Let's say you have a stepper motor, but have no idea which wires are which, or what to hook where. What to do??
All Parker stepper motors have two phases, which are alternately energized by the drive, causing the motor to spin. A 4-lead or 6-lead motor will have one coil per phase; 8-lead motors have two. We arbitrarily call one of these phases "A+/A-", and the other one "B+/B-".
Each wire in a 4- or 8-lead stepper motor is associated with one end of a coil. The first thing is to find out which wires are on the same coil. There is a simple way to do this: pick two random wires, and measure the resistance between them. If you get a finite value (on the order of a few ohms) then these wires are on the same coil. Continue until you have the wires paired up.
With a 6-lead motor, in addition to the four leads at the end of the phases, there are two center-taps--one wire that sprouts from the middle of each phase. This makes it easy to determine which two wires are the centertaps: the resistance from either end of the phase to the centertap should be half the resistance measured across the entire phase.
An eight-lead motor has two coils for each phase; these coils can be connected in series or in parallel. For now, just find which wires pair up with which (you should end up with 4 pairs). Then, find out which pairs are on the same phase . For this, you will need your stepper drive. Configure the drive to run at 50% current (if applicable, also set inductance 50%). Connect one pair of wires to the A+/A- terminals, and another random pair to B+/B-. If the motor spins, you have picked one coil from each phase. Good. Otherwise, the coils are on the same phase. In this way, you should be able to determine which coils are on each phase.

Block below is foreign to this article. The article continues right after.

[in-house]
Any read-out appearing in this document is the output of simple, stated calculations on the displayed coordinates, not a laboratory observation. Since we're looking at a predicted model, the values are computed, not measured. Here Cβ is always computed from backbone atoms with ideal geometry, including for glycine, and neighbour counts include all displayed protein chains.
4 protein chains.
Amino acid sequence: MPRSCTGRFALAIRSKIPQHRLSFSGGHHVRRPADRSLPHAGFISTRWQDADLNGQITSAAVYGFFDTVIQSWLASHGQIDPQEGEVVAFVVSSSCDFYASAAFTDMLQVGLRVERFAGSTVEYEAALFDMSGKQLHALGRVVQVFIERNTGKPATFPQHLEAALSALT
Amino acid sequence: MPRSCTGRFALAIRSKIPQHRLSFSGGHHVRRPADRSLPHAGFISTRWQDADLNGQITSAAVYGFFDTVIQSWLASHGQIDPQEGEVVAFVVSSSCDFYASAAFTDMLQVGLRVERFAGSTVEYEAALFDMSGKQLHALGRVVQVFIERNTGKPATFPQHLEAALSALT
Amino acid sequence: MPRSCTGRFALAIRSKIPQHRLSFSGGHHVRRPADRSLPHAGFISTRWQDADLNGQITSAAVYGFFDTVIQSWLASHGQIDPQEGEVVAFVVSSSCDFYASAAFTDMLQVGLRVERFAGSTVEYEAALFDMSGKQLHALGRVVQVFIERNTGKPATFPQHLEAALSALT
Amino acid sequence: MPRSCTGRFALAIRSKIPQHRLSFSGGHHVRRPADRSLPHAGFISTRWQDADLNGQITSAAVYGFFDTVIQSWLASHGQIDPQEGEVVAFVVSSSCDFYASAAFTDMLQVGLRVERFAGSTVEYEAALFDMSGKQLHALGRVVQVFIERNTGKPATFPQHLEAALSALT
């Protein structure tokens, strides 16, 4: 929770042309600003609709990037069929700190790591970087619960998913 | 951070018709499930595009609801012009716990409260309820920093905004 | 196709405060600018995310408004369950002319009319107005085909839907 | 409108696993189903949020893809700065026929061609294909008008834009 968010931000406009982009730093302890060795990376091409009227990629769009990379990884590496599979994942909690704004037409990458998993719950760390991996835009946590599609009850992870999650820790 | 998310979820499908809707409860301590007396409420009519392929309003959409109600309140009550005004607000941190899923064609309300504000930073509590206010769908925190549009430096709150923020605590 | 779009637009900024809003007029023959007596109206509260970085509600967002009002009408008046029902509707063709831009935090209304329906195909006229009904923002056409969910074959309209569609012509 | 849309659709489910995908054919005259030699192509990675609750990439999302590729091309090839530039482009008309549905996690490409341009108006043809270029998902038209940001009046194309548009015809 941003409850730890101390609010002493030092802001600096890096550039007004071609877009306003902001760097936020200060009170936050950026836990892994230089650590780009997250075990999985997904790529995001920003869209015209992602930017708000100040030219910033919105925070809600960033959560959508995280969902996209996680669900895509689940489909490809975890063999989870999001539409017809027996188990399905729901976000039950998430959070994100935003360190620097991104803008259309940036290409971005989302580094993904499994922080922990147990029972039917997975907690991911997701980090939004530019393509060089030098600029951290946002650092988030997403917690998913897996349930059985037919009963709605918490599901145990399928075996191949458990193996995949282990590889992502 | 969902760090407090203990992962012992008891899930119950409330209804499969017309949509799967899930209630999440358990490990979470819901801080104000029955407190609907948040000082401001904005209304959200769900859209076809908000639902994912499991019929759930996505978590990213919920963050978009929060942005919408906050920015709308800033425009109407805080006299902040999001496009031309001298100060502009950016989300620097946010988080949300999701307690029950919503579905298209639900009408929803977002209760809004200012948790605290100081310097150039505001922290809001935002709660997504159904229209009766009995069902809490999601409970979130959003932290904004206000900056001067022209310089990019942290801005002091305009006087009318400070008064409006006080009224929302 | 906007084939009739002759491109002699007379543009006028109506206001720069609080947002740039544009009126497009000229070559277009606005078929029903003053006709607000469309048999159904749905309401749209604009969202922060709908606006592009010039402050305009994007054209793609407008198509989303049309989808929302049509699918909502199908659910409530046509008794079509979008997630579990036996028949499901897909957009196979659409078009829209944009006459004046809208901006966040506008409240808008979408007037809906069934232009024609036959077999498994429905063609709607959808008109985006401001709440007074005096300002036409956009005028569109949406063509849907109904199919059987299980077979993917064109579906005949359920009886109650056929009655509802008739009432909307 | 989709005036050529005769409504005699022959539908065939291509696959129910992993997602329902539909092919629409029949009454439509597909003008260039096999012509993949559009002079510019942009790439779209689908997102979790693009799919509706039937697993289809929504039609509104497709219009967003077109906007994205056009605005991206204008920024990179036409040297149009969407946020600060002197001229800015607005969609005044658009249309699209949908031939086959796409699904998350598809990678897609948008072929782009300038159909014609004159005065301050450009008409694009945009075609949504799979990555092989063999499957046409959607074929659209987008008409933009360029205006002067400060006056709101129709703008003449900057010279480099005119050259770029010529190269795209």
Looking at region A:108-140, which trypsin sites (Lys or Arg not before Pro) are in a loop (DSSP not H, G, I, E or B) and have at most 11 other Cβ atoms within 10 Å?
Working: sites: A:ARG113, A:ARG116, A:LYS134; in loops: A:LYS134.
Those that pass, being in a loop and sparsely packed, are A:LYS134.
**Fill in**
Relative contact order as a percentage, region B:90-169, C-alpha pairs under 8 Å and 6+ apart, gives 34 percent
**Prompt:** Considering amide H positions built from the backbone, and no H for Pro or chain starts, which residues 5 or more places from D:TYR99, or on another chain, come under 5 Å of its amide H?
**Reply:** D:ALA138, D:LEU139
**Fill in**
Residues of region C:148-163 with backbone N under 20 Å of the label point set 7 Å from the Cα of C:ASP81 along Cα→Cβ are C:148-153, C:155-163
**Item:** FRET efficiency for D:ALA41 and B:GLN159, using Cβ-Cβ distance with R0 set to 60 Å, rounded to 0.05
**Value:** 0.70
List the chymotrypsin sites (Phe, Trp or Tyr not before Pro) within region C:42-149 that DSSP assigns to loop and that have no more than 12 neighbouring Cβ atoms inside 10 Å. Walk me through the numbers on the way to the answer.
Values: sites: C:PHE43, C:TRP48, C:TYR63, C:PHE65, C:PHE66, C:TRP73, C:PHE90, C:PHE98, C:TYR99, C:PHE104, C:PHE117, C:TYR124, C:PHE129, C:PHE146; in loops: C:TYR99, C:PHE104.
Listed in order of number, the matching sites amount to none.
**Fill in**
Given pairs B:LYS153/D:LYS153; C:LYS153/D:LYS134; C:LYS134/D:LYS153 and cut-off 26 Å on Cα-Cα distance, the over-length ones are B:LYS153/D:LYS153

You now should have each wire paired up with its "coil-mate", and each coil paired with its "phase-mate"). Call one pair of coils "phase A" and the other one "phase B". Then, call one coil in each phase "coil 1" and the other coil "coil 2." You now have 4 coils: A1, A2, B1, and B2.
Now we must determine the polarity of each coil within each phase. Connect one A coil and one B coil to the drive, and command clockwise motion. If it spins counterclockwise, swap the wire in B+ with the one in B-. Now, you know the positive side of each of these two coils. Label these wires A1+, A1-, B1+, and B1-. Now, remove coil B1 and insert coil B2. Again, command clockwise motion. If the motor turns counterclockwise, swap the wire in B+ with the one in B-. Once it spins clockwise, label the wire in the B+ terminal "B2+" and the wire in the B- terminal "B2-". Finally, remove the A1 coil and insert the A2 coil. Command clockwise motion; if the motor spins counterclockwise, swap the wire in A+ with the one in A-. Label the one in the A+ terminal "A2+" and the other one "A2-".
You've now got all the leads labeled: A1+, A1-, A2+, A2-, B1+, B1-, B2+, and B2-. Here is the time to decide whether to hook it up in series or parallel configuration. Parallel wiring gives a higher torque at high speeds, but heat generation limits the motor's duty cycle to 50%. Series configuration allows the motor to be run constantly. Series is more commonly used.
|Drive connector||Motor wires (parallel)||Motor wires (series)|
Celebrate! Your motor should be running now.
And by the way, here's the most common color code for wires: